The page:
• Interesting. She violated a school board policy which was tied to the separation of church and state amendment; though the trial showed that isn’t want the constitution framers intended by that amendment.

      Comment by paulthinkingoutloud — August 16, 2016 @ 8:48 am

      • So, is it your contention 1: that the FFRF or ACLU would have a problem with what was said, and 2: that, in such a case, nobody would consult the school district’s lawyer(s), and 3: that said lawyers would not understand that nothing untoward happened, and 4: that, even if something untoward HAD happened, that the teacher would be the defendant? Do you realize how many layers of abject ignorance regarding the law are required of the audience to even approach this being “cerebral?” At every turn, this story makes no sense, and it relies upon a patently absurd and impossible premise to craft a persecution narrative. The writers must resort to outright lying to create the circumstances around which thd story revolves. If your story relies entirely upon a Bizarro World understanding of reality to make its point, what does that say about the point being made? HINT: Only in Bizarro World is the story even a potential reality. In reality, it’s an absurd distortion of how things work designed to appeal to emotions with a blatant disregard for facts or the intelligence of humanity (which, to be fair, nobody went broke underestimating).

        Comment by RandyW — August 16, 2016 @ 10:23 am

      • Do you realize how many layers of abject ignorance regarding the law are required of the audience to even approach this being “cerebral?”

        Well, it certainly made you think! If you look at what I said, I’m simply contrasting the “chase scene” type of action and quick scene cuts in the previous movie to the more thoughtful, verbal type of script we have here. I thought Do You Believe for lack of a better word, had more movement in it, and wanted to express the different nature of this one.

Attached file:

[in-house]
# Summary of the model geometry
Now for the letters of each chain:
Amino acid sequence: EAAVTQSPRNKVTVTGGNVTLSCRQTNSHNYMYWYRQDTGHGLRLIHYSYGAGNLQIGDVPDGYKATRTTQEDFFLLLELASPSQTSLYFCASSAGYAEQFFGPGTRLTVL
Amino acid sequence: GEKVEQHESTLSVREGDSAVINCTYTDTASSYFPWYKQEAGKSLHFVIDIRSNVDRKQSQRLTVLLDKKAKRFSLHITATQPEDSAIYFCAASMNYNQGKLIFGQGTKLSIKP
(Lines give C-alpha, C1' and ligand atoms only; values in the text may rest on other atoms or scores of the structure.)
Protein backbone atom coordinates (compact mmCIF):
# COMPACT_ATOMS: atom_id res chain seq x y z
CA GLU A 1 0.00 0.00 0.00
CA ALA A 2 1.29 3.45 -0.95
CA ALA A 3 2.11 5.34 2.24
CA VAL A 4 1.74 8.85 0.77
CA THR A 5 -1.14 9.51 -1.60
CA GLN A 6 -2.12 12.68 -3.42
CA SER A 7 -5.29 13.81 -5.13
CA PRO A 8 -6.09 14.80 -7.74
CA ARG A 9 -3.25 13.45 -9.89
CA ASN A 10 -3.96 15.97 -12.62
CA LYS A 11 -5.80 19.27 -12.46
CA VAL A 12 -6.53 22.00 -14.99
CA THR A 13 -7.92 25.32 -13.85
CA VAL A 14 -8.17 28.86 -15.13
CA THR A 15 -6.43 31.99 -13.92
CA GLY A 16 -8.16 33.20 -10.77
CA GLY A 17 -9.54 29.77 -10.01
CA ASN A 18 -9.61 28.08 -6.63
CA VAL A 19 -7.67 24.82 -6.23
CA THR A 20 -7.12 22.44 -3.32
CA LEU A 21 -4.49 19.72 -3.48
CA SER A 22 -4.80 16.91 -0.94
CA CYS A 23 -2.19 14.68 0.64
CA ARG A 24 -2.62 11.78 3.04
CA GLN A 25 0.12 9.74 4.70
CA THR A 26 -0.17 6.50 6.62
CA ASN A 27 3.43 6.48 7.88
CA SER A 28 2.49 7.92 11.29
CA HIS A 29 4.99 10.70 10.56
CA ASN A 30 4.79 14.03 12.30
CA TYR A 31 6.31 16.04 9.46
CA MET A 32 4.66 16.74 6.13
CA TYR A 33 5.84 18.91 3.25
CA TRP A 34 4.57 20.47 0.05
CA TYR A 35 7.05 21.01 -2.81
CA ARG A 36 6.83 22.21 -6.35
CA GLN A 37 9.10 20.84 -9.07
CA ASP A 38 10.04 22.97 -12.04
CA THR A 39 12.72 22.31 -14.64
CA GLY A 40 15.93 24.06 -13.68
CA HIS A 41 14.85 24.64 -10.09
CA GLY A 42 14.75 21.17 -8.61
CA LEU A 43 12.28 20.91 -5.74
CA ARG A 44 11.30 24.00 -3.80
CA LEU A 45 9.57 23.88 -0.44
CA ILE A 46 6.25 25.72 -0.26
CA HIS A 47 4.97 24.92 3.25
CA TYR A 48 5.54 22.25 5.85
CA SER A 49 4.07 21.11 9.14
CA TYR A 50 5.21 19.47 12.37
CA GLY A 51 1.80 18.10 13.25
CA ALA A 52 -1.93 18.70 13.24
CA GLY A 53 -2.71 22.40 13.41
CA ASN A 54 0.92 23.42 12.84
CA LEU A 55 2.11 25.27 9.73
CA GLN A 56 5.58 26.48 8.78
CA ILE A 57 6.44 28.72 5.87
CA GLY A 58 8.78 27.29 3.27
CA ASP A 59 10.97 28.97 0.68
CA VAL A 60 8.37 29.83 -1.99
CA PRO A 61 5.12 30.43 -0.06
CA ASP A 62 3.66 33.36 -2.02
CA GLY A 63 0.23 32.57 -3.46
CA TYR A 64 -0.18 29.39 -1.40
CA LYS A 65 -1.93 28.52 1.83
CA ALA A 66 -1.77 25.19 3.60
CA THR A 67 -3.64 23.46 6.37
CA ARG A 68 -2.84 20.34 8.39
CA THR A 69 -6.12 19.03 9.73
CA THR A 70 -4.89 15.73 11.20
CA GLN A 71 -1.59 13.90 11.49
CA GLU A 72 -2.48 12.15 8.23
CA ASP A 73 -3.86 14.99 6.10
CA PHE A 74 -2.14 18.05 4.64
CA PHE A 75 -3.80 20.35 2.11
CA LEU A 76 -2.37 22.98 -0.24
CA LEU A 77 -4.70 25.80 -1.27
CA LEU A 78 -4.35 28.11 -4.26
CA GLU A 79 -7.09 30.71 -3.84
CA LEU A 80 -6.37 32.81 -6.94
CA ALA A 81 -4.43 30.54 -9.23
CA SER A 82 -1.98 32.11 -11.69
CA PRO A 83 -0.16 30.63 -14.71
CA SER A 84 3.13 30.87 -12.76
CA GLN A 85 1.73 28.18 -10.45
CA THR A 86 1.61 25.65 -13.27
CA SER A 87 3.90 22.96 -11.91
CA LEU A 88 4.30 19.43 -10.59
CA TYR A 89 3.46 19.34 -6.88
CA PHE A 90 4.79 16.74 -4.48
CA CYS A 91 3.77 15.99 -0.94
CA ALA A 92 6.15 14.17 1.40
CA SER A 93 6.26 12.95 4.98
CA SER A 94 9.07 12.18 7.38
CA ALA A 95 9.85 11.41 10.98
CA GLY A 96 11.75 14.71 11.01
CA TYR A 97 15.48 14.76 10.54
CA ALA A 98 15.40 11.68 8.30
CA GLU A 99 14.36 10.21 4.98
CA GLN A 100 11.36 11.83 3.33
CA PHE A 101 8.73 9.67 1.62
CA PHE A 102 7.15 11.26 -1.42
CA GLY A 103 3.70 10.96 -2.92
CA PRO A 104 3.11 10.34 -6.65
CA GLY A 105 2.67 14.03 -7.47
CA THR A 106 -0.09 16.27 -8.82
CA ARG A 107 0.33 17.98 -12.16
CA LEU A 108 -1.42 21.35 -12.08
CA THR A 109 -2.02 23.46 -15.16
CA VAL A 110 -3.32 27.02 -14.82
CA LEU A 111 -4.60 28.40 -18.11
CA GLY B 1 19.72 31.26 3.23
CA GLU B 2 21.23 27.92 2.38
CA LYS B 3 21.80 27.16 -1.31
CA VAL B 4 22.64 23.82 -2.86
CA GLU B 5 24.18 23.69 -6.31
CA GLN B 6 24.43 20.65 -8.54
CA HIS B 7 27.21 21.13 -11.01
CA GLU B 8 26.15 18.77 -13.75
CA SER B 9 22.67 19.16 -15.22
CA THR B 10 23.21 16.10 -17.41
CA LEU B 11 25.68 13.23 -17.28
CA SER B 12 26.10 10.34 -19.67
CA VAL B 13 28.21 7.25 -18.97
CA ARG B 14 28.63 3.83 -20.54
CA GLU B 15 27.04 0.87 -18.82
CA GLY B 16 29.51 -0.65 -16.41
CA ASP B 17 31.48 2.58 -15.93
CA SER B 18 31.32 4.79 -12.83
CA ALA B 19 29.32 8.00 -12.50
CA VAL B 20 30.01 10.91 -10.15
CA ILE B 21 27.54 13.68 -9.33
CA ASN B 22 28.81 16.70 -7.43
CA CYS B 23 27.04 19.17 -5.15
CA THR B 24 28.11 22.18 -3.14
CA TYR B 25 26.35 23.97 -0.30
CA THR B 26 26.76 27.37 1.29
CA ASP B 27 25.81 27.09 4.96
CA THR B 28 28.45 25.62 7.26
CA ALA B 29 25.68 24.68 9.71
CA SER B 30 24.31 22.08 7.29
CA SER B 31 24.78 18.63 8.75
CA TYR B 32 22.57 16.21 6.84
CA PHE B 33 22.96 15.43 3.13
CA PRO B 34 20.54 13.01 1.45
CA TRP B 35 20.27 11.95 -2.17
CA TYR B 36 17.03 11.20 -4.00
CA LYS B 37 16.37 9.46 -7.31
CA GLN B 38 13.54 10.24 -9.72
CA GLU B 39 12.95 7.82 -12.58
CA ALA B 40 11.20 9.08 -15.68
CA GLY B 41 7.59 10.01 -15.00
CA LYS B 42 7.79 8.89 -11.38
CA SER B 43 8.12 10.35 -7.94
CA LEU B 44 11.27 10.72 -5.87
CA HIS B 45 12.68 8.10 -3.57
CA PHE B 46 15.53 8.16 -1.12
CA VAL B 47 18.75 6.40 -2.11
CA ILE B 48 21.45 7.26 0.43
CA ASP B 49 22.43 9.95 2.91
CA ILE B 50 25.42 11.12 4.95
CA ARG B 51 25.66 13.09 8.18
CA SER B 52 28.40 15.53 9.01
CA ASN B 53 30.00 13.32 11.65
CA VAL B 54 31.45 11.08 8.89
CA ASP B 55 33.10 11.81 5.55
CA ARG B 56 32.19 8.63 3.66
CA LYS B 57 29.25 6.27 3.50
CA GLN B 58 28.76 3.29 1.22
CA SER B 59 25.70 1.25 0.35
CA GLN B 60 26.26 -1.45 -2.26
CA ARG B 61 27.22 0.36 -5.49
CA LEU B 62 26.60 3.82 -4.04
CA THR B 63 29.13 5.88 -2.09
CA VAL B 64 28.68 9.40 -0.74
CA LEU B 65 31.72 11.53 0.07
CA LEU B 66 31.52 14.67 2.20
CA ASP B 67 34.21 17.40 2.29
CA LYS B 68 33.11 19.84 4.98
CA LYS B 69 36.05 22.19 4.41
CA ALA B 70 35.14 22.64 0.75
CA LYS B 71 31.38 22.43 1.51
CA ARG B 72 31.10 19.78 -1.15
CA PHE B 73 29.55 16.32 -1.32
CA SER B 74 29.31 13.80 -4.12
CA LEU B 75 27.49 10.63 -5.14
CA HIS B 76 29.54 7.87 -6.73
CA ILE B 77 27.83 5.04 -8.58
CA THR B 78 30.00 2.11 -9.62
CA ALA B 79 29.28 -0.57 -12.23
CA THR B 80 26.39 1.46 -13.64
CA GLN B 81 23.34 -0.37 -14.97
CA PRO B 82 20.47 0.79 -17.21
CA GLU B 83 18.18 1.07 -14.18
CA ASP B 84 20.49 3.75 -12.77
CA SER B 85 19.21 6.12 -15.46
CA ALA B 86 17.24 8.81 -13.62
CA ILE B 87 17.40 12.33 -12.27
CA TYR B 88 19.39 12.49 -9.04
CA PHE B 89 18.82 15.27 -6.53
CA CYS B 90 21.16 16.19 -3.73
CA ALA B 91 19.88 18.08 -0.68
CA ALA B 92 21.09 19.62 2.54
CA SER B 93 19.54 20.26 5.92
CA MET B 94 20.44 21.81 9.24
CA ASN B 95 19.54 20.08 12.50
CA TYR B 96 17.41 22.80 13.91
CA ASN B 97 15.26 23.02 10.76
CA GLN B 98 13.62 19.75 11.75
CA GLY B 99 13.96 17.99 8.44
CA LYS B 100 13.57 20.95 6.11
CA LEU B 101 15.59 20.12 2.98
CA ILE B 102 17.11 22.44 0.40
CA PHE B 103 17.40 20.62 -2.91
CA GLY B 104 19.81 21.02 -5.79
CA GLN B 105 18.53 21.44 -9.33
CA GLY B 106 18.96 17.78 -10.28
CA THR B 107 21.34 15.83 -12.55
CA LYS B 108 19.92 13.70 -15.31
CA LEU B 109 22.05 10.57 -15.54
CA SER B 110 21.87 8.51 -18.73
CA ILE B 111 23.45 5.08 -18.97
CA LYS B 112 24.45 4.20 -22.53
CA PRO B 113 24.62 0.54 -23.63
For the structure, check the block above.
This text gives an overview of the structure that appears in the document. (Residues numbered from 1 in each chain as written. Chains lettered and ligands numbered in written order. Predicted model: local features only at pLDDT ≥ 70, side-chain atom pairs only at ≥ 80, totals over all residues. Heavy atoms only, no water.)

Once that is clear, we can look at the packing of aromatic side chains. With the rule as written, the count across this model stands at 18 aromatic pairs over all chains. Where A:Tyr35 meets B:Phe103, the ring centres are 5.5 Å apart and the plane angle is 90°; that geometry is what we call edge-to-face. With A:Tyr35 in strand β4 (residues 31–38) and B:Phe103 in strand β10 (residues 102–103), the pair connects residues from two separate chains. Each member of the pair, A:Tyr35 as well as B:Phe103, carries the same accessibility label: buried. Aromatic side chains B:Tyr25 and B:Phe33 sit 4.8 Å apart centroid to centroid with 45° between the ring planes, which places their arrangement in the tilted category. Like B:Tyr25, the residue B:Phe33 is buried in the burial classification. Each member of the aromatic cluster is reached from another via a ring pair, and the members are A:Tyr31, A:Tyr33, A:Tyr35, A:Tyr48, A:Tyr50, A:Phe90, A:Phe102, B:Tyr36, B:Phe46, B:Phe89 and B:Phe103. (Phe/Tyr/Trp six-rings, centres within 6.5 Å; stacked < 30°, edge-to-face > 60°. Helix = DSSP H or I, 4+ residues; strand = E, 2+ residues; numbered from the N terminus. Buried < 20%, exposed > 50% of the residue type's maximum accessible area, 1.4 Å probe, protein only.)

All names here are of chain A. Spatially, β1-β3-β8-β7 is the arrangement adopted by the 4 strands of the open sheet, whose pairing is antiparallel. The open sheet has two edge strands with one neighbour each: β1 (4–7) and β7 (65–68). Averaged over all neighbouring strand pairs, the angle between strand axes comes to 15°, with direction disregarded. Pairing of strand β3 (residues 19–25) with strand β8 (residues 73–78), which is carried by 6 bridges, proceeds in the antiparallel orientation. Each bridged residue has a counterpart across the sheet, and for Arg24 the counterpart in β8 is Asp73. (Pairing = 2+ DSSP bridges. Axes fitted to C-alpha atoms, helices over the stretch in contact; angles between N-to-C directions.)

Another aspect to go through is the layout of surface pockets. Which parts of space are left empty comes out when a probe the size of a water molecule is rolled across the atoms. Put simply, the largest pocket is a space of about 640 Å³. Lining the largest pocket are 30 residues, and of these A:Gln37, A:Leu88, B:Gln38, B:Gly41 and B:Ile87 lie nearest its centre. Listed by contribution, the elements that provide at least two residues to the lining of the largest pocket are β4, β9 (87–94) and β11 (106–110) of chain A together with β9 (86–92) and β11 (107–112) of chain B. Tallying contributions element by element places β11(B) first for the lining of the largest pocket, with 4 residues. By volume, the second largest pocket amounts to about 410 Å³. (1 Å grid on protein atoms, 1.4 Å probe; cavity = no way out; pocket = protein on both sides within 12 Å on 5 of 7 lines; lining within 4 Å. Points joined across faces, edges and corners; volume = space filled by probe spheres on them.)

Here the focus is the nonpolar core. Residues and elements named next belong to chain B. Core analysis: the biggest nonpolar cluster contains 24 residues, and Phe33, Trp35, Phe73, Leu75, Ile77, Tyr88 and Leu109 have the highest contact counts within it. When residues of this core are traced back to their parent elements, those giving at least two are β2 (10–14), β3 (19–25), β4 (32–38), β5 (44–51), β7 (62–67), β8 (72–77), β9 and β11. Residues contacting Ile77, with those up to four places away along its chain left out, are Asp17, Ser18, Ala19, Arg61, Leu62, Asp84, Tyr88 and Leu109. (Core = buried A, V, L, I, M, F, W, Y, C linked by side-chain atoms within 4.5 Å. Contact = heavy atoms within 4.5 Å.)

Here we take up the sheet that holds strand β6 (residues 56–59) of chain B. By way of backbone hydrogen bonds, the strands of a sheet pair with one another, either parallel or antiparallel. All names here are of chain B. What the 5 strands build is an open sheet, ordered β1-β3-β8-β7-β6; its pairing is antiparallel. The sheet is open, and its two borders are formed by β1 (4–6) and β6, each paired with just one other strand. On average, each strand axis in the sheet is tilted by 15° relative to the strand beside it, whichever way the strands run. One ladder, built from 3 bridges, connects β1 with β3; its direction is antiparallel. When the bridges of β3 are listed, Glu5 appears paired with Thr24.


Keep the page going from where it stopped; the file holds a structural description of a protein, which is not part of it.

But you’re right, one has to look to see a crime here. It seems like she crossed a line simply by knowing the chapter and verse reference. The Evangelical community thrives best when it is united against a common enemy. That mentality is present in this picture.

        In the real world, would this case ever get to court? The improbability is reflected in the lawyer’s decision not to appeal. Would the defense lawyer be able to fly in Strobel and Wallace? It would be costly.

        I ran this review because I think this will be one of the more significant DVD releases in Christian bookstores between now and Christmas, but I make it clear that “I do wonder if the genre is being overworked.” There were four people in the house yesterday afternoon as I screened this, and none of the others were interested in watching it.

        However, in fairness and in balance, the movie asks us to ignore the aforementioned plot contrivances in order to score a small handful of apologetic points.

        Comment by paulthinkingoutloud — August 16, 2016 @ 10:48 am

  2. Wow, I get review copies of books. Paul Wilkinson gets review copies of movies. He’s big time.

    I saw God’s Not Dead in the theater but haven’t seen this movie yet. As a matter of fact I drove a church bus full of people to see the first film. I wouldn’t quit talking about it until my wife had seen it as well. I was afraid this sequel would be an attempt to take the same story and make it bigger. Even if that’s the case, you guys make it sound like it worked.

    Comment by Clark Bunch — August 17, 2016 @ 6:09 am

    • No, it’s an entirely different story; not a sequel.
      And it was a screening link. I didn’t get to “keep” the movie, and there was no popcorn stand open.

      Comment by paulthinkingoutloud — August 17, 2016 @ 8:37 am